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George Will, Unplugged

Collide-a-ScapeBy Keith KloorMarch 7, 2009 8:08 PM


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It's easy to dismiss George Will as an ideologue but you can't dismiss his intellect. He is a bright guy. And he's been willing to take on his own tribe, as Sara Palin and George W. Bush discovered. So what causes him to become so muddle-headed when he writes about global warming? I believe this interview, in which he expounds on the uproar over his two recent columns, is quite revealing. Here's one exchange:

Q. What disturbs you most about this global warming consensus that seems to be pretty widespread and doesn't seem to be eroding? A. Well, I think it is eroding, in the sense that people sign on to be alarmed because it's socially responsible...(and because it makes them feel good). But once they get to the price tag, once they are asked to do something about it, like pay trillions of dollars, they begin to rethink.

First of all, the consensus is not eroding and Will is smart enough to know that. But I think the rest of his statement speaks to a larger animus he has towards environmentalism in general. It's worth reading in its entirety to understand what I suspect is really behind Will's two recent factually incorrect columns:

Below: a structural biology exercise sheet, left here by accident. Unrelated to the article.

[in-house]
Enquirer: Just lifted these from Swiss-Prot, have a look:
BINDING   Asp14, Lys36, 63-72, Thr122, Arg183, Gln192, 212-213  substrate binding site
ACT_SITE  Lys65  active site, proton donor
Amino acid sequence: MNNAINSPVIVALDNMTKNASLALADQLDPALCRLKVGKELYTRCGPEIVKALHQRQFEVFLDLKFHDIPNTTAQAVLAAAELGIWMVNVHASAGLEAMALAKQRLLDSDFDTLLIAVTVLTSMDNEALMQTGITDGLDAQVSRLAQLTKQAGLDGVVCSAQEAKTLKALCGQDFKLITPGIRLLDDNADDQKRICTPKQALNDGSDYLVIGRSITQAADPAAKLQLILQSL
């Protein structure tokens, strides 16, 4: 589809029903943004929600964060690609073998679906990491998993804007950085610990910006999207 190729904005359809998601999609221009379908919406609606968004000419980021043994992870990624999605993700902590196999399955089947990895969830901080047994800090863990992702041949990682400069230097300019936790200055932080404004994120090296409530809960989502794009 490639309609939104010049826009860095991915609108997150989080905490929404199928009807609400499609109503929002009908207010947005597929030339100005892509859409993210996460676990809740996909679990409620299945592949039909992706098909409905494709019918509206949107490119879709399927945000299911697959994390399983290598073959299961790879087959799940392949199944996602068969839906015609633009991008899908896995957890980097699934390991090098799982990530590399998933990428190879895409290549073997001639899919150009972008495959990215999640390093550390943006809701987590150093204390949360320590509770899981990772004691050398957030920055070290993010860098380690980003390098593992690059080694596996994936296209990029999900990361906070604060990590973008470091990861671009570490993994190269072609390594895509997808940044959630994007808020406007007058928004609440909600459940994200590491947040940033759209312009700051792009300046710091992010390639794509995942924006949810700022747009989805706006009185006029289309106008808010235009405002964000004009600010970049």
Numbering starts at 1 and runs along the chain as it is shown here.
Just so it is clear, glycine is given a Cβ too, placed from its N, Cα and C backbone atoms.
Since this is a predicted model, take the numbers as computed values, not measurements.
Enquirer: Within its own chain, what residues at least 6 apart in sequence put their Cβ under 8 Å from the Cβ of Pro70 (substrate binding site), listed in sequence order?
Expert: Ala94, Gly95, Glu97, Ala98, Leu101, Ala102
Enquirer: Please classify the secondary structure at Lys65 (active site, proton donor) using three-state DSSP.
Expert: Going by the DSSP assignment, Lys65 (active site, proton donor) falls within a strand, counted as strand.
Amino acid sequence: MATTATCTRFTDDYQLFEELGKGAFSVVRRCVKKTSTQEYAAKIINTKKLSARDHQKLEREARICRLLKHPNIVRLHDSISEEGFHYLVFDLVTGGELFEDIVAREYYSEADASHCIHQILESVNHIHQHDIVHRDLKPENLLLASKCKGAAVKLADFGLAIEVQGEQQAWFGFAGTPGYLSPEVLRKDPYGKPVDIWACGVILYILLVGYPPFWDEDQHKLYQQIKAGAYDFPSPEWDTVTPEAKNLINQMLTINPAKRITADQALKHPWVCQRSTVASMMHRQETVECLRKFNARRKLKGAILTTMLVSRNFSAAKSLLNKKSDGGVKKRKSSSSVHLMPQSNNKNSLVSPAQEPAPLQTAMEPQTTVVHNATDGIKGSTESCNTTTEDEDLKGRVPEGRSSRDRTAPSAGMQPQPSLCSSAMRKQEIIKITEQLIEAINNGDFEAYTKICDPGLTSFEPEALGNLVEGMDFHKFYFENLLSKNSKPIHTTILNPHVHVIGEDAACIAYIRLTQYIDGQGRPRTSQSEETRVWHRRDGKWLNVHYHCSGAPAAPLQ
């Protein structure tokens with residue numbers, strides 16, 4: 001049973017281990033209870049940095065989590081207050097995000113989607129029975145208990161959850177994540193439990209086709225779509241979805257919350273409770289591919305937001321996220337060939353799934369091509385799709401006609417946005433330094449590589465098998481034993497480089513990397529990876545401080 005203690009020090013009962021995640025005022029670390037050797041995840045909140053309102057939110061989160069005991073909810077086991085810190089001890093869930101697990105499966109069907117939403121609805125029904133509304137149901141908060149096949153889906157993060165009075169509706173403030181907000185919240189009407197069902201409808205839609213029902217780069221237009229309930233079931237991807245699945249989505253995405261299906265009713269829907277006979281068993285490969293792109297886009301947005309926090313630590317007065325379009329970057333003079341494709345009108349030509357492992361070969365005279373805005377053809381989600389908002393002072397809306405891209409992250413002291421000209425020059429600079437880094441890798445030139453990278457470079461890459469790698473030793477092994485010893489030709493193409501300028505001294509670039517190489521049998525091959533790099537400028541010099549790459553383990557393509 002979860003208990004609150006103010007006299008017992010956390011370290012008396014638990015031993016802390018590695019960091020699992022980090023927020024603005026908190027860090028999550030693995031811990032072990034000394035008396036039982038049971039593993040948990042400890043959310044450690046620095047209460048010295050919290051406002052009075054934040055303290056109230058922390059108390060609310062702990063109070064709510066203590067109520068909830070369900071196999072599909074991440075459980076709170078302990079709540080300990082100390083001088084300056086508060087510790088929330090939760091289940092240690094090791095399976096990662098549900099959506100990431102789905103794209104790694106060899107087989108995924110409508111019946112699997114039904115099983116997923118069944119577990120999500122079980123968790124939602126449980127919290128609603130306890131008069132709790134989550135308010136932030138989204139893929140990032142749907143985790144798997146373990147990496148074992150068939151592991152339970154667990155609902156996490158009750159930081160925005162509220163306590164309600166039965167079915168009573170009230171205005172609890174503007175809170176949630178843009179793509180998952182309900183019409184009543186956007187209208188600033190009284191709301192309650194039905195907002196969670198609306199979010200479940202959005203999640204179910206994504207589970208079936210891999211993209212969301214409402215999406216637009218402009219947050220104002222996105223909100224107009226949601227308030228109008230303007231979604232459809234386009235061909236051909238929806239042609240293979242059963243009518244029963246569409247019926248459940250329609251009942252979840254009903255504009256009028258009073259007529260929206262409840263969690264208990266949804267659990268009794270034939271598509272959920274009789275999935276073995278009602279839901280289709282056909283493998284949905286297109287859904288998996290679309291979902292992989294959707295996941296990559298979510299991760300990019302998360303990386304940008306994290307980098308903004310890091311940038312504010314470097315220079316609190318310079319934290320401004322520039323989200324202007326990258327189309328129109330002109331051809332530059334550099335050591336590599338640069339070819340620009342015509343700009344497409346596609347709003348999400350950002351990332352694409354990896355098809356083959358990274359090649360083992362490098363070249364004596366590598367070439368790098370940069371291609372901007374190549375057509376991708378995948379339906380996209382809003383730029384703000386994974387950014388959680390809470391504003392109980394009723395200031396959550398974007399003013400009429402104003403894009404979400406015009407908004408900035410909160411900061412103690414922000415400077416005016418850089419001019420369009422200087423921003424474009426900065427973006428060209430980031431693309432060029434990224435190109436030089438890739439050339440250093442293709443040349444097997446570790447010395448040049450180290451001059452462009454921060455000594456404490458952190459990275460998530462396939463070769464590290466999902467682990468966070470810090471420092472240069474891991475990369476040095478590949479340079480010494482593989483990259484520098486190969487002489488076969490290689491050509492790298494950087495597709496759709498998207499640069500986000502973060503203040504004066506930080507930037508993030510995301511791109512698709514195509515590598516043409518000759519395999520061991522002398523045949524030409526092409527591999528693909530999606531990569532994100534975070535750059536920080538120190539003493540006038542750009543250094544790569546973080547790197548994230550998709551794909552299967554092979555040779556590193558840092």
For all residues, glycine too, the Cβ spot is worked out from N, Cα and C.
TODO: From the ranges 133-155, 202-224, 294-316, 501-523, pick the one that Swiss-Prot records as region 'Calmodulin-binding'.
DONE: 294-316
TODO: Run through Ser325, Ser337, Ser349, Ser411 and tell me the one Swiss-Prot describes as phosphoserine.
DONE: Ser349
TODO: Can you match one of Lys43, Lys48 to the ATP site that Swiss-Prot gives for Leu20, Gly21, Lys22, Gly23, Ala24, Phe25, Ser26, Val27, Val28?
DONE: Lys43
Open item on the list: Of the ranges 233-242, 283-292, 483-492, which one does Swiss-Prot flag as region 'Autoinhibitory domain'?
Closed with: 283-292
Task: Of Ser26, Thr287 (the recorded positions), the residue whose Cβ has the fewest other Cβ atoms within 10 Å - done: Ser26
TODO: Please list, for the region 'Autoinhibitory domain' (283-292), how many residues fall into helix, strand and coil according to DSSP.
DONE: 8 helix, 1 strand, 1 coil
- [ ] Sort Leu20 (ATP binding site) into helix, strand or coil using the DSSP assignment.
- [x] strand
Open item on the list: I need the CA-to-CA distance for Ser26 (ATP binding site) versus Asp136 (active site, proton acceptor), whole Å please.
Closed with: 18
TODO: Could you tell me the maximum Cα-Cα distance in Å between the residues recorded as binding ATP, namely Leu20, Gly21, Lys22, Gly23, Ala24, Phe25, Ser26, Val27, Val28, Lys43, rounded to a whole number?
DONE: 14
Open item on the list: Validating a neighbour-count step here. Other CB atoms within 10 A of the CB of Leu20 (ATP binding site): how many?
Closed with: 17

I've never seen anything quite like this in my 40 years in Washington. I've never seen anything like the enlistment of the mainstream media in a political crusade--and this is a political crusade, because it's about how we should be governed and how we should live; those are the great questions of politics. It is clearly for some people a surrogate religion. It's a spiritual quest. It offers redemption. But what it also always offers, whether it is global cooling or global warming, is a rationale for the government to radically increase its supervision of our life and our choices. Whether the globe is cooling, whether it's warming, the government's going to be the winner and the governing class will be the winner.

There's a lot of familiar (and outdated) criticism of environmentalism there, such as his harping on the spiritual aspect, but what's also evident is his deep-seated opposition to the "command and control" paradigm that has largely epitomized government's approach to environmental regulation since the foundational laws were first enacted in the early 1970s. George Will's antagonism for mainstream environmentalism is a matter of long record. Global warming, because of its recent elevation as a major societal concern, merely provides him the cudgel for his own ideological crusade. Will's latest two latest columns on climate change and this interview show how he is allowing himself to be governed by ideological biases, and not his considerable intellect.

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